Finn was very pleased with the progress that had been made on HIS project. The tunnel was more than half finished. He wished it were morning so that they could get back to work. He drifted off to sleep as he listened to Melrose and Merwin talk about the stars.

As Merwin watched the sky, more stars appeared. Only five minutes ago he had seen only a few. Now, there were a lot more.

“There are more stars in the sky now, Melrose,” said Merwin. “Where were they hiding?”

“They weren’t hiding. They were always there, but you couldn’t see them because the sky was too bright. Now, that the sun has set, they have appeared.”

“I don’t understand,” said Merwin.

Melrose thought a while. “A few minutes ago you could see the daisies in the grass over there,” and Melrose pointed.

“Yes,” said Merwin.

“You can’t see them now because there isn’t enough light shining on them, but they are still there. You can walk over and touch them. With the stars it is just the opposite. The sun makes the sky and everything on Earth so bright that we can’t see the stars in the daytime. The stars themselves aren’t that bright compared to the sun that is much closer to the Earth than the stars. Light is very important. That’s what Bartholomew has told me,” said Melrose.

Merwin was beginning to understand. He looked at the sky again. “A few minutes ago, that bright star above us was next to the first branch of the oak tree. Now, it’s next to the second branch. It must be moving,” he said.

Melrose laughed. “Yes, it looks like the star is moving, but it’s us who are moving.”

“I’m not moving,” Merwin protested.

“We are on the surface of the Earth. The Earth is like a giant ball that is turning around to our left when we face south. When we look at the stars at night, they seem to be moving to the right,” said Melrose.

“That doesn’t make sense. Are you sure? I do see the stars moving to the right, but I don’t see me moving,” again Merwin protested.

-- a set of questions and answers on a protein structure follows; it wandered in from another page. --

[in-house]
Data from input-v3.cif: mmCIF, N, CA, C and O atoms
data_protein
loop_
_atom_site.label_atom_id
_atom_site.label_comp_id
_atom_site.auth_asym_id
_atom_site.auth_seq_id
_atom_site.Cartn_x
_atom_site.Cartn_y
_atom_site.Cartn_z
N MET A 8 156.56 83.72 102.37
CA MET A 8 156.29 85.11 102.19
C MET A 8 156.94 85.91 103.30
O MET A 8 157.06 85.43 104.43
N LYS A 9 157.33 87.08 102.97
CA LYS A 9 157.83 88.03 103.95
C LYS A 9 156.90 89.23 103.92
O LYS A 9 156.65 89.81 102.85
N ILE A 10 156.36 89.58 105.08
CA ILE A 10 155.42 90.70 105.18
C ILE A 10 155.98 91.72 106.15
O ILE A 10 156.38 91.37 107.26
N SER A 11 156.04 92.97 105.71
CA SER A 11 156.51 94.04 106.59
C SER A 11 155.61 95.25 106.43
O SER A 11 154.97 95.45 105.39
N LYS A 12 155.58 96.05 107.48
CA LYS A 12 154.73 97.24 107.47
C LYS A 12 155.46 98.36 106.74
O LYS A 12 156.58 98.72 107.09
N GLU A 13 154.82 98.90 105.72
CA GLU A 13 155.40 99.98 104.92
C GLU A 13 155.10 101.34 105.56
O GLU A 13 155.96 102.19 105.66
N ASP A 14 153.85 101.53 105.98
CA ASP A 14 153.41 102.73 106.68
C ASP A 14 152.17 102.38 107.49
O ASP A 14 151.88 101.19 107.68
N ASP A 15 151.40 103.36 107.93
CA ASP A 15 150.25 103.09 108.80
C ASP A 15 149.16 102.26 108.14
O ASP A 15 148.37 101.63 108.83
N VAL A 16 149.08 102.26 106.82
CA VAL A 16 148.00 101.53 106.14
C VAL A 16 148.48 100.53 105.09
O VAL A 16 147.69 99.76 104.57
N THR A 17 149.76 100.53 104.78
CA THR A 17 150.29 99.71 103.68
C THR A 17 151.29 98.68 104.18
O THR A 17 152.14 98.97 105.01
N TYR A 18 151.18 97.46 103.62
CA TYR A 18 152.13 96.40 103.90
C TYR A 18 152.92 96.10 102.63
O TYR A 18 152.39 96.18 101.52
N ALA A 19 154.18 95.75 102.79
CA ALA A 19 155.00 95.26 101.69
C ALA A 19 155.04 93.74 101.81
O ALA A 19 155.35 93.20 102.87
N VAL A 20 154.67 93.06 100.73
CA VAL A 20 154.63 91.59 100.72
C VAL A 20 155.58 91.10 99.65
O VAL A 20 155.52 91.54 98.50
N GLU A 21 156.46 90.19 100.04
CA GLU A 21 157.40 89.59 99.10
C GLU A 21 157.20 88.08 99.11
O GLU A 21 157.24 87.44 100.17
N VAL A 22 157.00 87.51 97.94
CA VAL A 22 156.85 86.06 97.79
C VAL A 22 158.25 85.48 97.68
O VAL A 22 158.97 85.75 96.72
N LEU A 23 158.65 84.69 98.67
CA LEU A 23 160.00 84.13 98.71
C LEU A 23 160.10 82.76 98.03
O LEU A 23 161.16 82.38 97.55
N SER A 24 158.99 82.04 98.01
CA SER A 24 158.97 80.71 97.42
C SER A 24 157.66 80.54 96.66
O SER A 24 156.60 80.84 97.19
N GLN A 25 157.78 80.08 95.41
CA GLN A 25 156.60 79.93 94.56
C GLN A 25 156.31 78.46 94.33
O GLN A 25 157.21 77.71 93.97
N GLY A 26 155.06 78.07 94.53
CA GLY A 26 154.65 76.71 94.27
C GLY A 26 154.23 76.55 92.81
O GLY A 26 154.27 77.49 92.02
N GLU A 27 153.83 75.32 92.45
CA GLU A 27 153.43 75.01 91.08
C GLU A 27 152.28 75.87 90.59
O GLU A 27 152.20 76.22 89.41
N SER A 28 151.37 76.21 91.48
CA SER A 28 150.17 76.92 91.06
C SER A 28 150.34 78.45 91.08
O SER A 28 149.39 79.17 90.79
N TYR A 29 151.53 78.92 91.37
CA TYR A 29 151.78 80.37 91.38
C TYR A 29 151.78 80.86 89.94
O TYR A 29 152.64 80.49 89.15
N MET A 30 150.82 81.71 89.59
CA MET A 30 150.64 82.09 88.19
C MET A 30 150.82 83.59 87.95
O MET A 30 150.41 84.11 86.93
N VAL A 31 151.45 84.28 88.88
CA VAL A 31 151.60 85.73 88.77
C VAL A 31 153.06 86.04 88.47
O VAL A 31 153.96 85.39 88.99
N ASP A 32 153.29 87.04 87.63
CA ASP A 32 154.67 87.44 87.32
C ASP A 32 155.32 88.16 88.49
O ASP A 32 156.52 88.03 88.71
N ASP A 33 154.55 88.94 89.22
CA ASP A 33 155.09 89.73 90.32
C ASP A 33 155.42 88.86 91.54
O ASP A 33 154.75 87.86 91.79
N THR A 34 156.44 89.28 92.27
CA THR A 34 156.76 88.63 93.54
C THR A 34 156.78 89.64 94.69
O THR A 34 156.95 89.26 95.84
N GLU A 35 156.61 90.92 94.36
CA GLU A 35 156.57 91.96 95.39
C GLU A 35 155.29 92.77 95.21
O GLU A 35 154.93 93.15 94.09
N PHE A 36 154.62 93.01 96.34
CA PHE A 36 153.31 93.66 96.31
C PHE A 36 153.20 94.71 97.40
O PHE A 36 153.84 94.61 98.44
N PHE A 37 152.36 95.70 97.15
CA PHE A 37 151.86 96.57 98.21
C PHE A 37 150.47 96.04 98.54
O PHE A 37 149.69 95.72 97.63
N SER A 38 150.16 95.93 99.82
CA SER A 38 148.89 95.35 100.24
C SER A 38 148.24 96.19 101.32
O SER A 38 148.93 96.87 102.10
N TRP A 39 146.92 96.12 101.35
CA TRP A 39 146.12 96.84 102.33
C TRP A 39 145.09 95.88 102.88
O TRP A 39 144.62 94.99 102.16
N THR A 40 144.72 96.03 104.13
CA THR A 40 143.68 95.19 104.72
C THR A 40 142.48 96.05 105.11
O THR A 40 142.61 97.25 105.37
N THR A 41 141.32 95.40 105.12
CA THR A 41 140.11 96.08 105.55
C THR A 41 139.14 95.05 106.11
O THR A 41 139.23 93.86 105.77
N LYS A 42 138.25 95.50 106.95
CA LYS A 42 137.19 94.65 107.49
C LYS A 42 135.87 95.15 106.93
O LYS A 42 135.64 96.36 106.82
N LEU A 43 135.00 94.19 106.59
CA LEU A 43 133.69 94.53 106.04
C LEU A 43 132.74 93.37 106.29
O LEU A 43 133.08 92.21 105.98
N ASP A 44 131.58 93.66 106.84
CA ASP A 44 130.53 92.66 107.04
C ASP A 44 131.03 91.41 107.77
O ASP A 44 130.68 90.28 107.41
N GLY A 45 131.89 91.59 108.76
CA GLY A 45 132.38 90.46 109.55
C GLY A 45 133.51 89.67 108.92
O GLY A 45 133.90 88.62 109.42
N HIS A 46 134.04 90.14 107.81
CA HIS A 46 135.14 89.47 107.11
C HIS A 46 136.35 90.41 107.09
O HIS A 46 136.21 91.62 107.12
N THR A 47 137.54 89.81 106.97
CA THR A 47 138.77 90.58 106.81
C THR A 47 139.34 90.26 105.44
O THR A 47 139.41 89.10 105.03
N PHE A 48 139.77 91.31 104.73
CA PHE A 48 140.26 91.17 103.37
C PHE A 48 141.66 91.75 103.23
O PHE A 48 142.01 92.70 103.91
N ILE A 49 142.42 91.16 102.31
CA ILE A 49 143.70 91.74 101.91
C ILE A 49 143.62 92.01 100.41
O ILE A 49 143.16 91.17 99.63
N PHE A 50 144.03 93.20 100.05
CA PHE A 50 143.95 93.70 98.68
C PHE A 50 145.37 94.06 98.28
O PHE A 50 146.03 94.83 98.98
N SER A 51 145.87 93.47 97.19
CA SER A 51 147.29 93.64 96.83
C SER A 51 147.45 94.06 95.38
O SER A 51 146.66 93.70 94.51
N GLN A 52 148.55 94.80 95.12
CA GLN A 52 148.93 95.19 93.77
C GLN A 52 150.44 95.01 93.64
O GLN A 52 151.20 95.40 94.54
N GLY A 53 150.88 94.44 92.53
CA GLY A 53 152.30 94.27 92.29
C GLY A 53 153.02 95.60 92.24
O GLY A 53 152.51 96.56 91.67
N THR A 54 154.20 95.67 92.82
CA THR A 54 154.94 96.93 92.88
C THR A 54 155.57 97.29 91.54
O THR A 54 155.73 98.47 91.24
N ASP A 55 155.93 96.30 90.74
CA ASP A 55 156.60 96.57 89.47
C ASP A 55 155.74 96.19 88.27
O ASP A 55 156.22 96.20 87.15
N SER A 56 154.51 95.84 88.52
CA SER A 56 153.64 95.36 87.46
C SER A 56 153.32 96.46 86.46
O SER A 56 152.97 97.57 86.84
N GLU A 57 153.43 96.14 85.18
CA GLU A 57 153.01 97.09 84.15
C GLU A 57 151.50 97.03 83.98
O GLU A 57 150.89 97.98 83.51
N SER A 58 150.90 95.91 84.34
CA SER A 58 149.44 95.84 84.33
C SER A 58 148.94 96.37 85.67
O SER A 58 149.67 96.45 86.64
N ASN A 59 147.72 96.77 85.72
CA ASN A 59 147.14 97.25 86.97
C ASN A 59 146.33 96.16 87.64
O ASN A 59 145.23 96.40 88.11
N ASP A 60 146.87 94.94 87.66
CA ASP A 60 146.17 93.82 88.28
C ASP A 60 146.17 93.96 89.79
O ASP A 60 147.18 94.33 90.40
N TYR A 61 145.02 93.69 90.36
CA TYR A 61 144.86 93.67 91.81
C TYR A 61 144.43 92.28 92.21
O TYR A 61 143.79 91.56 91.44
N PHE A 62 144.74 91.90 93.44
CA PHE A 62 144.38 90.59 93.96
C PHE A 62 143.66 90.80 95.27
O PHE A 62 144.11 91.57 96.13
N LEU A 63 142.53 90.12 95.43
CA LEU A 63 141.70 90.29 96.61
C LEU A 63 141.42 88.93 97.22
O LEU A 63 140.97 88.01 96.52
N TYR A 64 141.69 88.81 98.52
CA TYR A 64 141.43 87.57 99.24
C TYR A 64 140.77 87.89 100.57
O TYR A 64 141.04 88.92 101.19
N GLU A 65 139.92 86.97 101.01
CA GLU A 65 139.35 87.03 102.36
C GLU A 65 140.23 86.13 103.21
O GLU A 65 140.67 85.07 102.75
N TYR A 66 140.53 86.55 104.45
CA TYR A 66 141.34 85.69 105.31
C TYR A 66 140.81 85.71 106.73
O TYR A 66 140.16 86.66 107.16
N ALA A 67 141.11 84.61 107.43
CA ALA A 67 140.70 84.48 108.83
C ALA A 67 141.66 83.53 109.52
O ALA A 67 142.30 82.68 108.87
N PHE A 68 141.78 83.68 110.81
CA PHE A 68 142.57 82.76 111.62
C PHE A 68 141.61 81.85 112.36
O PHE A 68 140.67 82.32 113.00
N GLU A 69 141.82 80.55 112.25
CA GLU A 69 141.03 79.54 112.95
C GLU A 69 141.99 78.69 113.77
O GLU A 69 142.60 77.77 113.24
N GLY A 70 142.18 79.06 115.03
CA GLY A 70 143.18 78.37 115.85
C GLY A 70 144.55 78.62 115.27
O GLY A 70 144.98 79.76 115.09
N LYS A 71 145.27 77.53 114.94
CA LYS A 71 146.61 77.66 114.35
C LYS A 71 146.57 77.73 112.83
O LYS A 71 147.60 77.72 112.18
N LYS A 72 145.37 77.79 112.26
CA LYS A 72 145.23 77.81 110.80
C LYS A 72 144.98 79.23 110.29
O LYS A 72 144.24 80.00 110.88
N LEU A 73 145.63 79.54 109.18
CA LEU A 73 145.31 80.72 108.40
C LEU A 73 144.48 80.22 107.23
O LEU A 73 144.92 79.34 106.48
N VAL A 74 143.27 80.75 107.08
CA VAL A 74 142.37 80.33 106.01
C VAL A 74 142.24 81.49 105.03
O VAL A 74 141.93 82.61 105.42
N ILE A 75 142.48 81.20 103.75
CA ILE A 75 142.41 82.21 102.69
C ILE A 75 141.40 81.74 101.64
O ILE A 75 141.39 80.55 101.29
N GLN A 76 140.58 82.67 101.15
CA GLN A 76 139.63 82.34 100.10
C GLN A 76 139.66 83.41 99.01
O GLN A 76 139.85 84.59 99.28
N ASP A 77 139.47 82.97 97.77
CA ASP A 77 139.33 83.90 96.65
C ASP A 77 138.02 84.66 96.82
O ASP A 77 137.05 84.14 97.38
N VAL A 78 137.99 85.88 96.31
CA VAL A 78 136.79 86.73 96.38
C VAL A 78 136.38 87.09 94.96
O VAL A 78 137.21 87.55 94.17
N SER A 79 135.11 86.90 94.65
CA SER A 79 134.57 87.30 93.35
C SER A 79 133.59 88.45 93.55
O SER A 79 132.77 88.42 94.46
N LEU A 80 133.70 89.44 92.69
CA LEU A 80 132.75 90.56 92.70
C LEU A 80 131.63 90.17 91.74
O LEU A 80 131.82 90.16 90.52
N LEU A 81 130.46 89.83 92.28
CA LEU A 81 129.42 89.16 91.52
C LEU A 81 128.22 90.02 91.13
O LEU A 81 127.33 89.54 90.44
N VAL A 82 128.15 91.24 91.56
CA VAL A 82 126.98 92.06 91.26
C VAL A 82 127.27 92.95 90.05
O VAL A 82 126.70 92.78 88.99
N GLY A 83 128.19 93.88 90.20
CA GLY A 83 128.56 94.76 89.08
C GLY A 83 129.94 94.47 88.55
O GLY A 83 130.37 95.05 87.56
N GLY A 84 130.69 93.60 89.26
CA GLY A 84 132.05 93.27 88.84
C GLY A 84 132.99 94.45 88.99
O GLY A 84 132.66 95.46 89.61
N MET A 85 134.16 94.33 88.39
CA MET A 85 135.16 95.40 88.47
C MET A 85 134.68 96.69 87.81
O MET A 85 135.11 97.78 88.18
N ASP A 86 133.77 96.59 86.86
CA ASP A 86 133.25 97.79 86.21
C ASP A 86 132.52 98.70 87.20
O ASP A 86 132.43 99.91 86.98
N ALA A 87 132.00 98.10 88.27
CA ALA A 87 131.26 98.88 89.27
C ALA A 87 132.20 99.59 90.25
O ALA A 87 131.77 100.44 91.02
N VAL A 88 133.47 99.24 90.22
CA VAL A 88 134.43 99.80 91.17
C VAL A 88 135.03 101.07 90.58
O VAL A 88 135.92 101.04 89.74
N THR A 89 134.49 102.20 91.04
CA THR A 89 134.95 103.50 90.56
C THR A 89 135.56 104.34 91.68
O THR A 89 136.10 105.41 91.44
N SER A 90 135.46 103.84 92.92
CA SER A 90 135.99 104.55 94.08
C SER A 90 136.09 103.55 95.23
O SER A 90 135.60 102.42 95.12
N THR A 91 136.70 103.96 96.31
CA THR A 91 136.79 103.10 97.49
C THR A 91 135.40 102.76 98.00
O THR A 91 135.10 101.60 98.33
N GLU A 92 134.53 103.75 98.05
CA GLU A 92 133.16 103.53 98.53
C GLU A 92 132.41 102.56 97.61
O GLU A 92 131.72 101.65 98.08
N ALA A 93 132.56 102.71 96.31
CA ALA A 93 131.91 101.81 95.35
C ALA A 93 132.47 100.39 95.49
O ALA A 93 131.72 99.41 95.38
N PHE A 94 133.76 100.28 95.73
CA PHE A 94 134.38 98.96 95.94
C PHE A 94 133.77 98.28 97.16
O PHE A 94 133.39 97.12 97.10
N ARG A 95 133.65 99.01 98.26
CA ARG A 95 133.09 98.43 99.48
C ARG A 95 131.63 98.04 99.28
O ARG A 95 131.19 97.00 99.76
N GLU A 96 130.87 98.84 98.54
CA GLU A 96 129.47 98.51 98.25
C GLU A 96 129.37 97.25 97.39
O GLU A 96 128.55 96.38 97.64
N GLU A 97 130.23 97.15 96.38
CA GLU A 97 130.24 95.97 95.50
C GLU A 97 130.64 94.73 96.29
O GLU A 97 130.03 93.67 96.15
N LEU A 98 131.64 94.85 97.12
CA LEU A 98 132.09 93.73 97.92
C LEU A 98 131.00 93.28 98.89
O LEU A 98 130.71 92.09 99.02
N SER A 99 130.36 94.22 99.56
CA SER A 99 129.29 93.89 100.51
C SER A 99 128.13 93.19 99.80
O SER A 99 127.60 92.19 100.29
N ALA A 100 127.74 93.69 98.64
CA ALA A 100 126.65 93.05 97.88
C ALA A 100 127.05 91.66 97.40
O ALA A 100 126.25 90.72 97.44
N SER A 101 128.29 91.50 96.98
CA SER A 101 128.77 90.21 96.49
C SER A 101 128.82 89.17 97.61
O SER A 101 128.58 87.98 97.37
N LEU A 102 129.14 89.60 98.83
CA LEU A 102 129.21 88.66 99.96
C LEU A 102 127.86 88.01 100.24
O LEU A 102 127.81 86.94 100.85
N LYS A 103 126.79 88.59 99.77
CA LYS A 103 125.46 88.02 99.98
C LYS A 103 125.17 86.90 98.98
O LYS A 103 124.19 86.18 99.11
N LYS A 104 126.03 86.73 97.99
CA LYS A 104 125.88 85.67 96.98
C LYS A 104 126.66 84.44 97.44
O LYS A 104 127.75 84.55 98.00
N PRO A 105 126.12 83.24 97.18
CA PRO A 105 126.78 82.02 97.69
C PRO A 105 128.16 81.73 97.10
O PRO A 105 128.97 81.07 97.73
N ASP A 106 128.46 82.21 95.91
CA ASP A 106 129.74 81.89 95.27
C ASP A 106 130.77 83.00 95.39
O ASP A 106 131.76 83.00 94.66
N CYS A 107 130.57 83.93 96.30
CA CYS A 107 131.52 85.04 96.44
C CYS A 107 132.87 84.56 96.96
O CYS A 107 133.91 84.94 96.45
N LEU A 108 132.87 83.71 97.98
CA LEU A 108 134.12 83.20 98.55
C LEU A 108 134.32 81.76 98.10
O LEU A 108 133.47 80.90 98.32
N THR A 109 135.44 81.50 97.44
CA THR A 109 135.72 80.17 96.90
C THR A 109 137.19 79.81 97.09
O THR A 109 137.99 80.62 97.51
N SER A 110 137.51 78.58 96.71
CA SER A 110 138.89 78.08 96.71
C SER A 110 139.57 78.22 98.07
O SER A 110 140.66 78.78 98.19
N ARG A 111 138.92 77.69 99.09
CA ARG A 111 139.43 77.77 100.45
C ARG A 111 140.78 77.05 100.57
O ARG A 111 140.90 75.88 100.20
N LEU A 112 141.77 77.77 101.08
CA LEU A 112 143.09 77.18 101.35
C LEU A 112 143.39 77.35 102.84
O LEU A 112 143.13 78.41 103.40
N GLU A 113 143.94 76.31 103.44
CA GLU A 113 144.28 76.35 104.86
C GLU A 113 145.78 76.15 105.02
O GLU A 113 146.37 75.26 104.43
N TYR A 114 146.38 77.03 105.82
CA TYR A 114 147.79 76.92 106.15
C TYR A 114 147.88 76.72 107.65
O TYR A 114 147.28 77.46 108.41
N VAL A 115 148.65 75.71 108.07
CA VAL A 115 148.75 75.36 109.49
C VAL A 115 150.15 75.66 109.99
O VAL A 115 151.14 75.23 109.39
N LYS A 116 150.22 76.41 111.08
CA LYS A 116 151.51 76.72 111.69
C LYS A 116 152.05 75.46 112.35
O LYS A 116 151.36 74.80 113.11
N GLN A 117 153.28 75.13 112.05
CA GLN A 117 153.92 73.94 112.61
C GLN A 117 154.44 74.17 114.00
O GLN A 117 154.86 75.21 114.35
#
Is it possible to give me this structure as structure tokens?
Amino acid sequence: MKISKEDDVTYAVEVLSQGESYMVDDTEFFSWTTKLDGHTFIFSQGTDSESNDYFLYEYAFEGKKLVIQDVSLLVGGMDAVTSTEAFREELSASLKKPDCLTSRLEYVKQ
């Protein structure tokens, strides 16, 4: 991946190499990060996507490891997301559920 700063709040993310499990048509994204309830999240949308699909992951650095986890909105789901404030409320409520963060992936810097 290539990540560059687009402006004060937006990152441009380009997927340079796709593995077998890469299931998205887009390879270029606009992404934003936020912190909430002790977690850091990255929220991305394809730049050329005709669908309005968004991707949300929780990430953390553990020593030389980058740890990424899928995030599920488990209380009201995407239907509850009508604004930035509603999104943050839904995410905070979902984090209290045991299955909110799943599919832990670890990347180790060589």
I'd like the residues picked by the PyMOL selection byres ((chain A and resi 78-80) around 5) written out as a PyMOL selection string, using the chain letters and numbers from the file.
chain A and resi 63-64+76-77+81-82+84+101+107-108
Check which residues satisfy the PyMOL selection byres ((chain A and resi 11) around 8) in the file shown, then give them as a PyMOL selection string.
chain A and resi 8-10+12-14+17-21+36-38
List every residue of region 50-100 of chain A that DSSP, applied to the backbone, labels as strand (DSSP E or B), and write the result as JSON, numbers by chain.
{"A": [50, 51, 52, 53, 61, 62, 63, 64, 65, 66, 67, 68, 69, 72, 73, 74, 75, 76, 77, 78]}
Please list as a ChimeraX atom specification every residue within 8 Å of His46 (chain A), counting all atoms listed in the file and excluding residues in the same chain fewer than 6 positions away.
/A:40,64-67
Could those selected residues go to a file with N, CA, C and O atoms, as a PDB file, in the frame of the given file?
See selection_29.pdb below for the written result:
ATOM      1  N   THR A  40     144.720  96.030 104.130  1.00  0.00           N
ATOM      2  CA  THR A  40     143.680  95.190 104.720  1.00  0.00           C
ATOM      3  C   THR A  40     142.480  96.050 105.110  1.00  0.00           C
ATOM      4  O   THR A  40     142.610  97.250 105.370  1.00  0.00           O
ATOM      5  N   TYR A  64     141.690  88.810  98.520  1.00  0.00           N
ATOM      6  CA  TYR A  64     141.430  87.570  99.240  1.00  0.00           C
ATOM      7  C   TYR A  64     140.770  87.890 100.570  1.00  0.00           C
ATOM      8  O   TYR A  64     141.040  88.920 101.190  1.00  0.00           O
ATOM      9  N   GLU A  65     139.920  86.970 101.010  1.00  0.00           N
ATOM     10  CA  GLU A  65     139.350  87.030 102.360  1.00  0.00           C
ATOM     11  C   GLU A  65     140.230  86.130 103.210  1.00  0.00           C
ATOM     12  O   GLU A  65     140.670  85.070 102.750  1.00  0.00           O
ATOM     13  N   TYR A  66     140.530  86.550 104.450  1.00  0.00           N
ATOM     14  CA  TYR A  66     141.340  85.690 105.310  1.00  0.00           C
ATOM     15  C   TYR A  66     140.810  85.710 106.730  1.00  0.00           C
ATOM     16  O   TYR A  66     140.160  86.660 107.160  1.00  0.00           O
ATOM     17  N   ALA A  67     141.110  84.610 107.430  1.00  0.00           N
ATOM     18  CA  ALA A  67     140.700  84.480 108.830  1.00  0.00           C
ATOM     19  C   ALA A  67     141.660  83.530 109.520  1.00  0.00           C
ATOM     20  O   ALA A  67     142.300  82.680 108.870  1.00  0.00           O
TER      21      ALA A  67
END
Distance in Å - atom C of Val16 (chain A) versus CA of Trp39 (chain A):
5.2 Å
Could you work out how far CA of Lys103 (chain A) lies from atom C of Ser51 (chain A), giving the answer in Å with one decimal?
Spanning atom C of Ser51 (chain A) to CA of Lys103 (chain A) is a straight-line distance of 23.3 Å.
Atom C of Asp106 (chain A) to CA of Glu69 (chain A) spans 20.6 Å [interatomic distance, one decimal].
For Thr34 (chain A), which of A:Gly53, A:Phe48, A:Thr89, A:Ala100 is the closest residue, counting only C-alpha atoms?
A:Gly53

“This is what Bartholomew has learned by studying his books. When we think we see the stars moving, it is an illusion. The same is true of the sun and moon. Bartholomew calls it PERSPECTIVE. He gave me an example of perspective. When you or I look at a blade of grass, it looks fairly small. When an ant looks at the same blade of grass, it looks large to the ant. I hope that Bartholomew teaches me more about perspective one day.”

Melrose paused and then said, “You can’t always believe what you see.”

They didn’t talk for a while, and Merwin continued to study the sky.

“Where did the stars come from, Melrose?” asked Merwin.

“The Creator of the universe made them. The Creator made everything. Now, go to sleep. It’s getting late,” answered Melrose.

Both moles eventually fell asleep and Merwin dreamed of seeing stars being created by someone.

Melrose was awakened in the middle of the night by rustling sounds. About fifty feet away, his bleary eyes saw two long dark shapes slinking through the bushes and headed towards the garden. He rubbed his eyes and jostled the others.

“Wake up. Something’s going on,” he said.

They awoke, rubbed their eyes also and peered in the direction of the bushes. The dark shapes were moving away and continuing towards the garden.

“Let’s follow them. Be quiet,” Melrose whispered.

The creatures did go to the garden. Melrose, Merwin, and Finn crept along at a distance. Distinct munching and slurping sounds were then heard. A full-moon was up but was covered by a cloud, so there wasn’t much light. Then, the cloud cleared the moon, and the crime scene was illuminated. Caught in the sudden moonlight were Wilde and Wilder Weasel. They were enjoying strawberries from Petunia’s garden and the sweet juice was dripping from their mouths.

The weasels lived just to the south of Petunia’s cottage. They spent most nights roaming around and checking on things as part of their guard duties. Tonight, it seems, they were checking on strawberries.

Melrose jumped up and said, “Caught you. Drop those strawberries.”

Everyone was startled including Melrose. The weasels dropped the strawberries and stood there looking sheepish. However, they quickly regained their composure when they realised who had caught them.

“We are on our rounds and stopped for a couple of strawberries. I don’t see any harm in that,” Wilde said.

“Do you have Mrs. Porcupine’s permission to eat her berries?” asked Melrose.

“Not exactly,” answered Wilder.

“Well, we must be going. We have a schedule to maintain,” said Wilde. Off they scampered.

Finn and the moles chuckled to each other as they walked back to their blankets. They wondered who was protecting whom and from what. The rest of the night passed uneventfully.